The government supported PPF, pension regime will come under considerable increasing pressure, possibly leading to its collapse or suspension.

The evidence of fraud will continue to emerge within the finance sector with the strong likelihood that ‘insurance related’ fraud will be the next to hit prominence.


There are lots of opportunities though for enterprising individual and organisations. Obviously, budget hotel chains like Travelodge should continue to profitably expand as demand continues but UK manufacturing, particularly automotive, should be in a healthy position given current exchange rates and reducing labour rates, but only if materials are sourced locally and not imported.


Connected to this though is the growing essential skills shortage.  Real reforms to the way in which apprentices are paid for and trained need to be investigated – maybe we will see a return to the old training bodies of the 60’s and 70’s?


The retail High Street will continue its decline, eventually leading to large ghetto like areas in town and city centres.  These will pose challenges to regeneration – maybe areas may be returned to inner-city parkland or even farmland.


Squatting and other forms of social unrest will become more prevalent.  We also see the rise of ‘e-sputing’ where groups of disenfranchised people join together electronically to deliver social unrest.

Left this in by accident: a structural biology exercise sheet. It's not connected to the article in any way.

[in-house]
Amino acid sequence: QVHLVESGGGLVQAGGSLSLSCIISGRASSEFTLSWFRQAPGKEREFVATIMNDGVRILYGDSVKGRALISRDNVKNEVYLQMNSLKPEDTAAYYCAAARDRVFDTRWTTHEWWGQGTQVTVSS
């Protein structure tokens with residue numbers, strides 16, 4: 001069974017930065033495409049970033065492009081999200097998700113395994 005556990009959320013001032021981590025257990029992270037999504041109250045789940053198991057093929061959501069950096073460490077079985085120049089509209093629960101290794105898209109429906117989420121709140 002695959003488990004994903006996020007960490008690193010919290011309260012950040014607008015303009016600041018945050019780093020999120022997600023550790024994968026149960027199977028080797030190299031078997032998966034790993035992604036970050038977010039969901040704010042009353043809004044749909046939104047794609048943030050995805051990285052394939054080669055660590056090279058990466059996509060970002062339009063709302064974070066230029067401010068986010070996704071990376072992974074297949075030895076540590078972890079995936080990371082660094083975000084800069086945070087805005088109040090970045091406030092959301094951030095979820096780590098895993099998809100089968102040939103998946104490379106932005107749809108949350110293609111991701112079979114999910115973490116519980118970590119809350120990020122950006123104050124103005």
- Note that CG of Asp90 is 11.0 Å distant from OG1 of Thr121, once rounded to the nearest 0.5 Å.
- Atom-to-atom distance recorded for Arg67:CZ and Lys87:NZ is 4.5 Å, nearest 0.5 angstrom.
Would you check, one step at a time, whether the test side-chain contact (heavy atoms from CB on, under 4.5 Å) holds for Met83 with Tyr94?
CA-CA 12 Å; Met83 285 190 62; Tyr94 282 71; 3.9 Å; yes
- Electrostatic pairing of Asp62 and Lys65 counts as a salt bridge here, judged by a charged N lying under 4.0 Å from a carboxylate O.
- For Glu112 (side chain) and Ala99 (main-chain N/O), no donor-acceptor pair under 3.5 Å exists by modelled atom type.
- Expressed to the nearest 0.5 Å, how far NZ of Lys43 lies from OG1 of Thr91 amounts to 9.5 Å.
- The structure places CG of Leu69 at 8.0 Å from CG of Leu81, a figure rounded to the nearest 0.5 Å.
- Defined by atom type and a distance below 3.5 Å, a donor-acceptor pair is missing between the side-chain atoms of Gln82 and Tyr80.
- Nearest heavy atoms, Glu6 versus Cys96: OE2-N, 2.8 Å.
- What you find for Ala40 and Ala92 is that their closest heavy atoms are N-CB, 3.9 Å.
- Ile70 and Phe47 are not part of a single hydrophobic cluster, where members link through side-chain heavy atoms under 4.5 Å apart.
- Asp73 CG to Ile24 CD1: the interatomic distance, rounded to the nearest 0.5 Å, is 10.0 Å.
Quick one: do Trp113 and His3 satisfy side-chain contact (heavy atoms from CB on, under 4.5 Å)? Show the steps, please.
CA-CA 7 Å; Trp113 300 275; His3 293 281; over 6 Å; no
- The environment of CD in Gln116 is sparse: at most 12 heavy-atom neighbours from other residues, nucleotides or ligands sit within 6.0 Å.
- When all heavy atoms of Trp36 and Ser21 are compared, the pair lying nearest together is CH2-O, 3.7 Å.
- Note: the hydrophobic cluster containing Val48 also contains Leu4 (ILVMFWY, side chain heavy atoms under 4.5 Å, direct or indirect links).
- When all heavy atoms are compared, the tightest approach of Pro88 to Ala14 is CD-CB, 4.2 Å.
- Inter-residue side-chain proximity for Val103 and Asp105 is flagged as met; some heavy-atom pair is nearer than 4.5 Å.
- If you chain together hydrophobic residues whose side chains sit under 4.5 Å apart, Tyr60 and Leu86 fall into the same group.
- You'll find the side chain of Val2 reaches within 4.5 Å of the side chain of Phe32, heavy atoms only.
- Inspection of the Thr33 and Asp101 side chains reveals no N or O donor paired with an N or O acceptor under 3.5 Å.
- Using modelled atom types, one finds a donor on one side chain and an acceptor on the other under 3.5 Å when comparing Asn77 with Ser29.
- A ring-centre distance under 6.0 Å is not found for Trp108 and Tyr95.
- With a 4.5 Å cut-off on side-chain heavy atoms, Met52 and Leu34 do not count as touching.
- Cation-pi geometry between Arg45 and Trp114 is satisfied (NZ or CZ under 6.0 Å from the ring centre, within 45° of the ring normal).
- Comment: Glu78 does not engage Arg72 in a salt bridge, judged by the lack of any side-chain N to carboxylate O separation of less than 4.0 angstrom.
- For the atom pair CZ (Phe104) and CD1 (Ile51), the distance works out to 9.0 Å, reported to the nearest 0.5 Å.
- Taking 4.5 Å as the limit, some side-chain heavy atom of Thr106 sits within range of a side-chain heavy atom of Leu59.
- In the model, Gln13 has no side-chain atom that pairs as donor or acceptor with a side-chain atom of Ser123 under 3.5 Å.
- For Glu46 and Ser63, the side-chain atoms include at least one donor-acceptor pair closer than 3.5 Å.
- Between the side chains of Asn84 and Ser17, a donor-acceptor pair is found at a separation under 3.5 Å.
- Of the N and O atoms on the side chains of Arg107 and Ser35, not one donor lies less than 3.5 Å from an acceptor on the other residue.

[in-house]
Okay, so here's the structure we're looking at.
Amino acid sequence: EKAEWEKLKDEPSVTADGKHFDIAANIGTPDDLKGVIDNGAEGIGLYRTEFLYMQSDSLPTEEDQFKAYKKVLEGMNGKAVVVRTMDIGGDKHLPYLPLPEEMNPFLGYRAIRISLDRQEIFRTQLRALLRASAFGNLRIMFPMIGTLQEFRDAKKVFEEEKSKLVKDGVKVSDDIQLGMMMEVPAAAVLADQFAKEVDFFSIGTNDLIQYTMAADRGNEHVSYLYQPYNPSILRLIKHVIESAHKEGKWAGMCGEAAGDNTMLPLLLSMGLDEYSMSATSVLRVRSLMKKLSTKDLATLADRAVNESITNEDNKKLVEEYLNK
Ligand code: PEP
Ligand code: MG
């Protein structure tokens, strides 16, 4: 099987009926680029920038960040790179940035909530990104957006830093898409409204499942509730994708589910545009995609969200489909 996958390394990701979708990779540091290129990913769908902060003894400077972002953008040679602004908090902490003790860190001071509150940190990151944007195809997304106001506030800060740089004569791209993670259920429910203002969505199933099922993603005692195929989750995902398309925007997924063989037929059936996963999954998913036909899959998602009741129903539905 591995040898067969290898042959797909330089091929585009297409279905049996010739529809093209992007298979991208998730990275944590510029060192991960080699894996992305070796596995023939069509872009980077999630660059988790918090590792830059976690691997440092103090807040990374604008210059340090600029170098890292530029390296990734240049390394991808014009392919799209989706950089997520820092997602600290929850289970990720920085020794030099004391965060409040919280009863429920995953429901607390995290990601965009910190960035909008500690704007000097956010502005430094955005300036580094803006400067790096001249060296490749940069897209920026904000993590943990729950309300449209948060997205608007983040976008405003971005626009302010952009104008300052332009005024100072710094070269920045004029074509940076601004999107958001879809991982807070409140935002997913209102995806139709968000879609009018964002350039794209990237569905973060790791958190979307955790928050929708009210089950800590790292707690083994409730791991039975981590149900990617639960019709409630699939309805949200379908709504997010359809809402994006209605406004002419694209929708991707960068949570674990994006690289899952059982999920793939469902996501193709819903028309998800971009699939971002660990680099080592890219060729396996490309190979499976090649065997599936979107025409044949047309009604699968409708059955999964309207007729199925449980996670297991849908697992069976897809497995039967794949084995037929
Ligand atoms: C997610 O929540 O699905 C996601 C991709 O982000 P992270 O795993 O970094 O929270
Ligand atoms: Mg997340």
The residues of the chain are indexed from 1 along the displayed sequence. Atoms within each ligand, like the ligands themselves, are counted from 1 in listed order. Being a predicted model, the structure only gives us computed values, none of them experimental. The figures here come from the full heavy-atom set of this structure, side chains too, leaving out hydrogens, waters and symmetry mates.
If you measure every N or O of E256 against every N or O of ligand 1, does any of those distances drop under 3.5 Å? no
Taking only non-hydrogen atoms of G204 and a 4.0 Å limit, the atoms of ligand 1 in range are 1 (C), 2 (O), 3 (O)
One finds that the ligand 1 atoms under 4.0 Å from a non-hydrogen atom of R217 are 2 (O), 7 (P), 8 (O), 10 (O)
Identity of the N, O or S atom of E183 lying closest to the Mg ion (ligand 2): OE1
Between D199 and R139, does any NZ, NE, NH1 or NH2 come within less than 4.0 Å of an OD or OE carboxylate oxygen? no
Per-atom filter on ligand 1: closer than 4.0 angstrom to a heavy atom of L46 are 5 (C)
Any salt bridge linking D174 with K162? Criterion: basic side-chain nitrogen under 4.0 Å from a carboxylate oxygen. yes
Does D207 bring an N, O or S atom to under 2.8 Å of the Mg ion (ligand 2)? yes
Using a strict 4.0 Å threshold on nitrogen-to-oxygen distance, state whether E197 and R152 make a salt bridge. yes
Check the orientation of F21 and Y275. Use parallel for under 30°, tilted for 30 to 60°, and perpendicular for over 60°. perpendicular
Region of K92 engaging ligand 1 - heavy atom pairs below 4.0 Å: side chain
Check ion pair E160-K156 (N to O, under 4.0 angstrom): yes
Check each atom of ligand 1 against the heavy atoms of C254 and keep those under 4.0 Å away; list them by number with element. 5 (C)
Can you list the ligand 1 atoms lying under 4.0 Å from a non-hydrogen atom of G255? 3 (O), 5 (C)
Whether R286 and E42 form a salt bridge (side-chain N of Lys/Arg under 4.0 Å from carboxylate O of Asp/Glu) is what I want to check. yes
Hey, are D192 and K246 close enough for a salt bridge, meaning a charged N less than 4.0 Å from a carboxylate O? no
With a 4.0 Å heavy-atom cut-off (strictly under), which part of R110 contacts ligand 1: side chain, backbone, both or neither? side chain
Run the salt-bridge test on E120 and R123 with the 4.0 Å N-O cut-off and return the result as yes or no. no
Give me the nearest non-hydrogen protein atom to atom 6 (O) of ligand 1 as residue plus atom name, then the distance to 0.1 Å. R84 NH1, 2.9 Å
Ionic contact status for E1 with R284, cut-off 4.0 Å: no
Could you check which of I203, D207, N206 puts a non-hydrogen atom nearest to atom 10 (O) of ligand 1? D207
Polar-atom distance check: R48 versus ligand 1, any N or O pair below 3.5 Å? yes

We are also intrigued to see how well devolution works in a recession.  Will there be greater pressures for more separation or will re-integration became preferable.

Socially as well the drive to self-sufficiency will increase.  This will be initially at a personal level before becoming a local and national driving force.  There is a significant challenge here to the conventional concept of increasing globalisation.


We are now entering a new post-consumerist society and we are intrigued to know how this will manifest itself.  Our particular views on this are that people will seek new ‘role models’ and ‘leaders’ that lead ethical lifestyles and will choose to support and emulate them.  There could well be a new genre of reality TV programmes supporting this as people look to become personally responsible for their own lives, cut debt, become self-sufficient, reduce energy consumption and seek moral comfort in things other than materialism.  The ‘baby-boomers’ could see a re-incarnation of Blue Peter designed especially for a mature audience!


The real challenge for us all however, is to determine what will stop the decline.


We see this breaking down into three main areas.  The first is how to ensure organisations retain or generate sales/income, the second is how to provide essential finance and the third is what sectors can provide sustainable growth.